Cultured cells in confluent monolayer were wounded using a needle to scratch the surface. Cells were then exposed to wogonin for 48 h. Cell movement and initial wounding were imaged and analyzed by Image J software.

2.6. Apoptosis Assay

Log-phase growing cells were treated with wogonin for 48 hours. The cells were collected and washed with PBS and were then incubated with staining buffer containing Annexin V-FITC and PI according to manufacturer’s instruction (BD Pharmingen, number 556547); apoptotic cells (FITC+/PI−) were quantified by flow cytometry.

For fluorescence microscopy analysis, cells were seeded in 96-well plates at 5 × 103/well and were then exposed to different doses of wogonin and MPP for 48 hours. After treatment, 5 μg/ml Hoechst 33342 and 10 μg/ml PI were added to the cultured cells. 40 minutes later, cells were collected, and fluorescence microscopy analysis was used for assessment of cell morphology.

2.7. Cell-Cycle Analysis

Cells were plated in 6-well plates at 2.0 × 105/well. 24 hours later, cells were treated with different concentrations of wogonin for 48 hours. Cells were then collected and fixed with 70% ethanol (prepared by PBS) at −4°C. The fixed cells were incubated with RNase A (100 μg/mL) and PI (50 μg/mL) in PBS for 30 min. The cell cycling was determined using flow cytometry analysis with CXP software, and results were analyzed with Cytomics™ FC 500 software (Beckman).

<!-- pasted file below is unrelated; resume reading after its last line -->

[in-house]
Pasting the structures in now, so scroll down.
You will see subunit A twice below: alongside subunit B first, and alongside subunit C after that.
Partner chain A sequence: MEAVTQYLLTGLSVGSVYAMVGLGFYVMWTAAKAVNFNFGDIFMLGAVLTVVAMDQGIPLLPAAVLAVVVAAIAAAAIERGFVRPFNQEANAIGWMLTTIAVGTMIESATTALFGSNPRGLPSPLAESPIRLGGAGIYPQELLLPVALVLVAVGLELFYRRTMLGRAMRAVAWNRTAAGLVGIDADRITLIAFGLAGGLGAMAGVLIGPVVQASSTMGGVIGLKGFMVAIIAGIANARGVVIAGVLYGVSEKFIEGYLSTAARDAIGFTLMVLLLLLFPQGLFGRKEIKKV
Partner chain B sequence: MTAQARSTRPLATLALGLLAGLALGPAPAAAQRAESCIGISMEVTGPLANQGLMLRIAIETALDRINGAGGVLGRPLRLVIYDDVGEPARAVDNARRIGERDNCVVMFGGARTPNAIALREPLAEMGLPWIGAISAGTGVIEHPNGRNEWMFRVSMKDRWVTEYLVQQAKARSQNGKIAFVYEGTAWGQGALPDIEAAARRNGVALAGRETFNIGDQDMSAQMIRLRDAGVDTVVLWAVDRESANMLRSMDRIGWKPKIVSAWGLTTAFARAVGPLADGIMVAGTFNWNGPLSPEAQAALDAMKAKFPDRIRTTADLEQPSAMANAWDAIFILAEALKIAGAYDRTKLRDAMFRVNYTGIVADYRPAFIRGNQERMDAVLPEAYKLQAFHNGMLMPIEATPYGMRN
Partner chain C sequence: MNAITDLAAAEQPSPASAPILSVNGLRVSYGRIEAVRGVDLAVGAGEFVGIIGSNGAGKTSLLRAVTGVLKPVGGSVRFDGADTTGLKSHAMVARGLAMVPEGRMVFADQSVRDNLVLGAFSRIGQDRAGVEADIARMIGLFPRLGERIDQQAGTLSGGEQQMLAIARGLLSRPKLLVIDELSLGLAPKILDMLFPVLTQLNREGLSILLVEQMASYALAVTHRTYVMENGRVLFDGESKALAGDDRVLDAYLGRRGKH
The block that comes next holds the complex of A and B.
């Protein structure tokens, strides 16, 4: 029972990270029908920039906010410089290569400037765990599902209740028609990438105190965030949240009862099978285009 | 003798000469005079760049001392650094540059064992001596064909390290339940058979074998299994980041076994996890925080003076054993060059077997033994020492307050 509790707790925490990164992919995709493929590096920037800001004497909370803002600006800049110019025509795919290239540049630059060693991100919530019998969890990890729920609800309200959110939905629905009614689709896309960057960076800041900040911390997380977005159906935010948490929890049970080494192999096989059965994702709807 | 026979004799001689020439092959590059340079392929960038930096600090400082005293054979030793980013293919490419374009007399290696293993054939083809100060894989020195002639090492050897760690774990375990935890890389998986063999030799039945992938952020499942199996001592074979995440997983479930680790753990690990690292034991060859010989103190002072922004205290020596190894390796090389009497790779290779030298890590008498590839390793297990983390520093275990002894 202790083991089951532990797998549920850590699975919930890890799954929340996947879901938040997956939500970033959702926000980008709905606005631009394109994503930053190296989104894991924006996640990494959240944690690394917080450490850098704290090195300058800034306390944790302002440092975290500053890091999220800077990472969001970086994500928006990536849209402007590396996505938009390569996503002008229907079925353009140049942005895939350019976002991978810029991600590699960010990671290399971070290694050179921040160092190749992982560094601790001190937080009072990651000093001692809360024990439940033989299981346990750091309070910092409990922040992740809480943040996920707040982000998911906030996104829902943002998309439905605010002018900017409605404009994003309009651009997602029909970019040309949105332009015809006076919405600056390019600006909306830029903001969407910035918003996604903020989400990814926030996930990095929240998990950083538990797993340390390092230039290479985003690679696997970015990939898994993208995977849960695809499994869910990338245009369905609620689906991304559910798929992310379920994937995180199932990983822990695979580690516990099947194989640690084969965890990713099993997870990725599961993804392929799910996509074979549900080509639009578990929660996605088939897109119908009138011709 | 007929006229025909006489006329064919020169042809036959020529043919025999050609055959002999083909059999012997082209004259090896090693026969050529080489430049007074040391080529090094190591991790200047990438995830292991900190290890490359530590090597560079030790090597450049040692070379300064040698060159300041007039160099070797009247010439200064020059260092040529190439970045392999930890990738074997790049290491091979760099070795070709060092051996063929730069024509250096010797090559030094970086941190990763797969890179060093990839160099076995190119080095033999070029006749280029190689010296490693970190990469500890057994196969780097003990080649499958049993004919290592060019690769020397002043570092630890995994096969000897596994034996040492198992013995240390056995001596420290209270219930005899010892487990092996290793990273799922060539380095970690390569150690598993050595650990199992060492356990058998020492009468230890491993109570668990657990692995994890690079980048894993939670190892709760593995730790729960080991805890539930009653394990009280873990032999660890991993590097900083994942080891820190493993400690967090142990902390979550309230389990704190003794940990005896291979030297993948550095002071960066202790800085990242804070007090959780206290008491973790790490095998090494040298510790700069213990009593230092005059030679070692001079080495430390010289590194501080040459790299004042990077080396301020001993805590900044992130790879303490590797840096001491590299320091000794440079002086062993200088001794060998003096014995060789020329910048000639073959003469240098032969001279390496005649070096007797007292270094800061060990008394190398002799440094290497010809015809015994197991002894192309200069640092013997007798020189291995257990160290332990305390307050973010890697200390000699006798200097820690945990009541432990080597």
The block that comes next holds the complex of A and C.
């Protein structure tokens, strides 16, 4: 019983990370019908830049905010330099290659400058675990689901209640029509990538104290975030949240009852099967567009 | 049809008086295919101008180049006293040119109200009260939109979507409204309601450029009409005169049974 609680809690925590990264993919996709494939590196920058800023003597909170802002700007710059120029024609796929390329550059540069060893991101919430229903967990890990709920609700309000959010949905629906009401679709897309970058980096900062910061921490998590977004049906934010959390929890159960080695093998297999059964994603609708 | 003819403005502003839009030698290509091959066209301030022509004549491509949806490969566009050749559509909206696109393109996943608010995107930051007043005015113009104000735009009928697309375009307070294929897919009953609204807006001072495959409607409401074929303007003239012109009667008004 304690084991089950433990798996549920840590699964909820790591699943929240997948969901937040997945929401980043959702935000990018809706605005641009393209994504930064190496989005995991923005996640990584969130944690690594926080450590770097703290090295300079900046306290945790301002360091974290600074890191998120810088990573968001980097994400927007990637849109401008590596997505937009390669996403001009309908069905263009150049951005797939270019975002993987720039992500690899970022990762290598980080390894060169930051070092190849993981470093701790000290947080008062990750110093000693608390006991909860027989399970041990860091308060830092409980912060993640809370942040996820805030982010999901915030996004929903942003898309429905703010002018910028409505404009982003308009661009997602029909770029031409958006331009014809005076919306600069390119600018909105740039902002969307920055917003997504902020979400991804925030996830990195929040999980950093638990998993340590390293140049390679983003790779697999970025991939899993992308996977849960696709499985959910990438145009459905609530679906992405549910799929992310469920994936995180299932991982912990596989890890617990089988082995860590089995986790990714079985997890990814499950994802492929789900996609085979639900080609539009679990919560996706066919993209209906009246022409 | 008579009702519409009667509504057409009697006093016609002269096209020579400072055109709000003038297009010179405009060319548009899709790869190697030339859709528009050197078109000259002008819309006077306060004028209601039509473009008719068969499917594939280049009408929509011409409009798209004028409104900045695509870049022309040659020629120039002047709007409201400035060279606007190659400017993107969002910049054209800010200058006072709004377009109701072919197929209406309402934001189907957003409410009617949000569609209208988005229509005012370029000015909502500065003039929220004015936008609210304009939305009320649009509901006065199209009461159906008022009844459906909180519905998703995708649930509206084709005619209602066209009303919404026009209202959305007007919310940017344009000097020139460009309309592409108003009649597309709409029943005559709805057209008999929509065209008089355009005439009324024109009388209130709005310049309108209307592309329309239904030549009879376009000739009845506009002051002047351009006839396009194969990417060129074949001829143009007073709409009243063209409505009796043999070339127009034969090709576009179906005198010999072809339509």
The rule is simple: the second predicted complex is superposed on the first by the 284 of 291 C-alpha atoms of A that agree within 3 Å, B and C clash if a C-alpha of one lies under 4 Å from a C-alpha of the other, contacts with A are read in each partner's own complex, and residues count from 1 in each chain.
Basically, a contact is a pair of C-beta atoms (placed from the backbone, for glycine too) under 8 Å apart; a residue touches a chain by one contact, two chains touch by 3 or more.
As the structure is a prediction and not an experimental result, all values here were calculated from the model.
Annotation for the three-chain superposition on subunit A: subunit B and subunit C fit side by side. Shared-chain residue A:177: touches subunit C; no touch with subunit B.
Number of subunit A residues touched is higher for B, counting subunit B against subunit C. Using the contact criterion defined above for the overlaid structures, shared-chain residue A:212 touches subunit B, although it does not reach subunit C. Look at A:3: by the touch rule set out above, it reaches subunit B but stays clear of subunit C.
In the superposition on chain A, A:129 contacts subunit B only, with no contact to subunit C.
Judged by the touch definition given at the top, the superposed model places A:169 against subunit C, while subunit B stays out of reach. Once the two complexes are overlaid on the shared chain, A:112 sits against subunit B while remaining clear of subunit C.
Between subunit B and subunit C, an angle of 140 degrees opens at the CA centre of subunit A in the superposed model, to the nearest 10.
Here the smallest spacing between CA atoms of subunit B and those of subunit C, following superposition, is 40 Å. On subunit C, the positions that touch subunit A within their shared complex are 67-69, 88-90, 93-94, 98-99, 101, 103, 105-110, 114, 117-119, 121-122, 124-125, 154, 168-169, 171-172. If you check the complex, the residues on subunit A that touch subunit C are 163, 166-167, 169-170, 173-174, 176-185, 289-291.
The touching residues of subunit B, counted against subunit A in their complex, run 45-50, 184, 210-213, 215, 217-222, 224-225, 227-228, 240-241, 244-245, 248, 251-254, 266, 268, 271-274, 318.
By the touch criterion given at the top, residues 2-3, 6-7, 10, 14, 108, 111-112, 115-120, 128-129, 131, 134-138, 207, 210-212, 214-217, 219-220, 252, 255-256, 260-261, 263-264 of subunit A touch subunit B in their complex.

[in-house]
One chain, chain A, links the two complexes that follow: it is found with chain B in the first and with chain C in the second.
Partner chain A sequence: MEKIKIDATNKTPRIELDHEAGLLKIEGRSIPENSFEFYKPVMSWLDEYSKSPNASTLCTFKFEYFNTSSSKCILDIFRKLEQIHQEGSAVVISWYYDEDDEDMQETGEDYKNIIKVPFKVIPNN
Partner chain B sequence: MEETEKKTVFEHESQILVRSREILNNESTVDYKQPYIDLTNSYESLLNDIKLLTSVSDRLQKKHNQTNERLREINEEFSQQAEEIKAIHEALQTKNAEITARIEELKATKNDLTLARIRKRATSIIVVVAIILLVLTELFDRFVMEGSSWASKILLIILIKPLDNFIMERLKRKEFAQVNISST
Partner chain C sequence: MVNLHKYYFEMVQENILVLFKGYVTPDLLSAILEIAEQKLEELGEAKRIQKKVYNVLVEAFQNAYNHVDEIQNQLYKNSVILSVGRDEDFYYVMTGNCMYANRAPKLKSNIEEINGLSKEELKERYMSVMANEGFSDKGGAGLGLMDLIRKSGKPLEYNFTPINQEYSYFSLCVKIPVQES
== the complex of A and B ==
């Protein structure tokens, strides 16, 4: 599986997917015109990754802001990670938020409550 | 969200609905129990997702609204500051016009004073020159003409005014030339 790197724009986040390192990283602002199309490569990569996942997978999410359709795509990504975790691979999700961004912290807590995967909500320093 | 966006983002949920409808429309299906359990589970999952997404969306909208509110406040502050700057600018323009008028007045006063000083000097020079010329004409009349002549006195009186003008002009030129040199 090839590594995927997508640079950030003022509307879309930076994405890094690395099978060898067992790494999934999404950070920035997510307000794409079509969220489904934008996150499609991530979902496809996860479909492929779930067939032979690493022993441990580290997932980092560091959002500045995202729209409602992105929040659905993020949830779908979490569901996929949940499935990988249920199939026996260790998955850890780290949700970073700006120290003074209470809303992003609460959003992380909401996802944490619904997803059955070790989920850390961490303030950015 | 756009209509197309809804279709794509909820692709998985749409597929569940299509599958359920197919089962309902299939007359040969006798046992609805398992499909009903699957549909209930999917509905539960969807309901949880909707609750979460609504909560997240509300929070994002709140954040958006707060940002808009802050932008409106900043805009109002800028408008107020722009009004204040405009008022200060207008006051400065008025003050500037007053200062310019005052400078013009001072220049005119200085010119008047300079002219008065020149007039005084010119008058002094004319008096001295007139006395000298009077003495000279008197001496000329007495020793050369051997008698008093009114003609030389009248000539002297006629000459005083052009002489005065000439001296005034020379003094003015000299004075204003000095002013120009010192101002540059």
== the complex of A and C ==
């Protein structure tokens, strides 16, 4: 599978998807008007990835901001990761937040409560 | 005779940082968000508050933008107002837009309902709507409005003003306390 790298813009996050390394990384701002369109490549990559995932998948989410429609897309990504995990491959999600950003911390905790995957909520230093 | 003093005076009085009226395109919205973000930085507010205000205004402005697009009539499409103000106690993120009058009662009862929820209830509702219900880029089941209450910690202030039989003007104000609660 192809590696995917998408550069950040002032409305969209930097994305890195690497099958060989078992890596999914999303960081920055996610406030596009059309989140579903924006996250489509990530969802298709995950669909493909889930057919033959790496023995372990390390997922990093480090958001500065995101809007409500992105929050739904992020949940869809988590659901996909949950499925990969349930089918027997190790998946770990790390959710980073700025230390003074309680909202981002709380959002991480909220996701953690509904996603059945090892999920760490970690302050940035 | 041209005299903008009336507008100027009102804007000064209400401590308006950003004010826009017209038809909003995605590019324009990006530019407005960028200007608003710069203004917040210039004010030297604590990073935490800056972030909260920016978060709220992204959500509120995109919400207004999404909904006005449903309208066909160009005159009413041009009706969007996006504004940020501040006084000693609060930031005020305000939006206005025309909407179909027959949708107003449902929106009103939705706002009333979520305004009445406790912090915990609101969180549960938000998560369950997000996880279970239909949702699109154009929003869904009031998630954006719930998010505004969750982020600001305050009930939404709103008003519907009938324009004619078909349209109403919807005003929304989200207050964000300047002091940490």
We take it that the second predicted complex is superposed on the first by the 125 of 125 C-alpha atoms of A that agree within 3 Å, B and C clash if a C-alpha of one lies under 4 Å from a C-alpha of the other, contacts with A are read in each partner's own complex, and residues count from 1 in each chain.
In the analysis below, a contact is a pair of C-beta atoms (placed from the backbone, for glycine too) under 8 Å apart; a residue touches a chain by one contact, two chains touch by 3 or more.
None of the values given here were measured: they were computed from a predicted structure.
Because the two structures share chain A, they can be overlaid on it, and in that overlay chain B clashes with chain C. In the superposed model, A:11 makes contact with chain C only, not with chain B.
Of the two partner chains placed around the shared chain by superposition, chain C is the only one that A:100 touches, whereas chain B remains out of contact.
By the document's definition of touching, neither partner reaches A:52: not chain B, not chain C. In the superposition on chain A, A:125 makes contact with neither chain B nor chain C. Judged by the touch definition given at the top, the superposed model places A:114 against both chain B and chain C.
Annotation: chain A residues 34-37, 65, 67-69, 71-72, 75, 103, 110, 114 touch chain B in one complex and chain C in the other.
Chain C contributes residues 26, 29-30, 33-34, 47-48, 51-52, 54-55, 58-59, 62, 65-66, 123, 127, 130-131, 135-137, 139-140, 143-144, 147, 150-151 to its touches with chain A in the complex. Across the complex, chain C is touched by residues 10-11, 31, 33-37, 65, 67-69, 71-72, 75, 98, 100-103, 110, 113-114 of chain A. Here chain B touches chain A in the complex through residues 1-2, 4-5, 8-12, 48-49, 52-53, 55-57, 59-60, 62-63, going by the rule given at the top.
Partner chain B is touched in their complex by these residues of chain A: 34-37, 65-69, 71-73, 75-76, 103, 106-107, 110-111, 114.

2.8. Western Blot Analysis

A2780 cells were collected and lysed with RIPA lysis buffer (Beyotime, China) containing 1 mM PMSF. 25 μg of cell lysate was loaded onto 10% SDS-polyacrylamide gels for immunoblot analysis. All primary antibodies were used at 1 : 500 to 1 : 1000 dilutions in this study, and beta-actin was included for equal protein loading [31].

2.9. Statistical Analysis

Statistical analyses were performed by Student’s -test with one-way ANOVA () [32].

3. Results

3.1. Antitumor Effects of Wogonin on A2780 Ovarian Cancer Cells

We first examined effects of wogonin on cell proliferation of A2780 cells. In this experiment, we used DMSO as control. Our results showed that wogonin dramatically inhibited cell proliferation of A2780 cells, and the inhibitory effect of wogonin on A2780 cells is dependent on the dose of wogonin (Figure 1(b)).

3.2. Wogonin Decreased Invasiveness and Migration of A2780 Cells

We next determined the effects of wogonin on invasiveness and migration of A2780 cells. With invasion assay and wound scratch assay, we found that treatment with wogonin dramatically decreased cancer cell capabilities of invasion and migration, and these inhibitory effects are also dose-dependent (Figures 2(a)2(c)).

We further tested the potential enhancement of antitumor effects of wogonin in ovarian cancer cells where ER-α signaling was blocked by treatment of methylpiperidinopyrazole (MPP), and our results showed that MPP significantly enhanced the inhibitory effects of wogonin on invasiveness and clonogenic survival of A2780 cells (Figures 2(c)2(e)). Of interest, Western blot analysis (Figure 2(f)) showed that wogonin also downregulates ER-α expression. These results suggest that ER-α signaling pathway might interact with the inhibitory effects of wogonin on cancer cell invasiveness and migration of A2780 cells. In addition, our results further showed that exposure to wogonin increased p53 expression and decreased the protein level of VEGF (Figure 2(f)).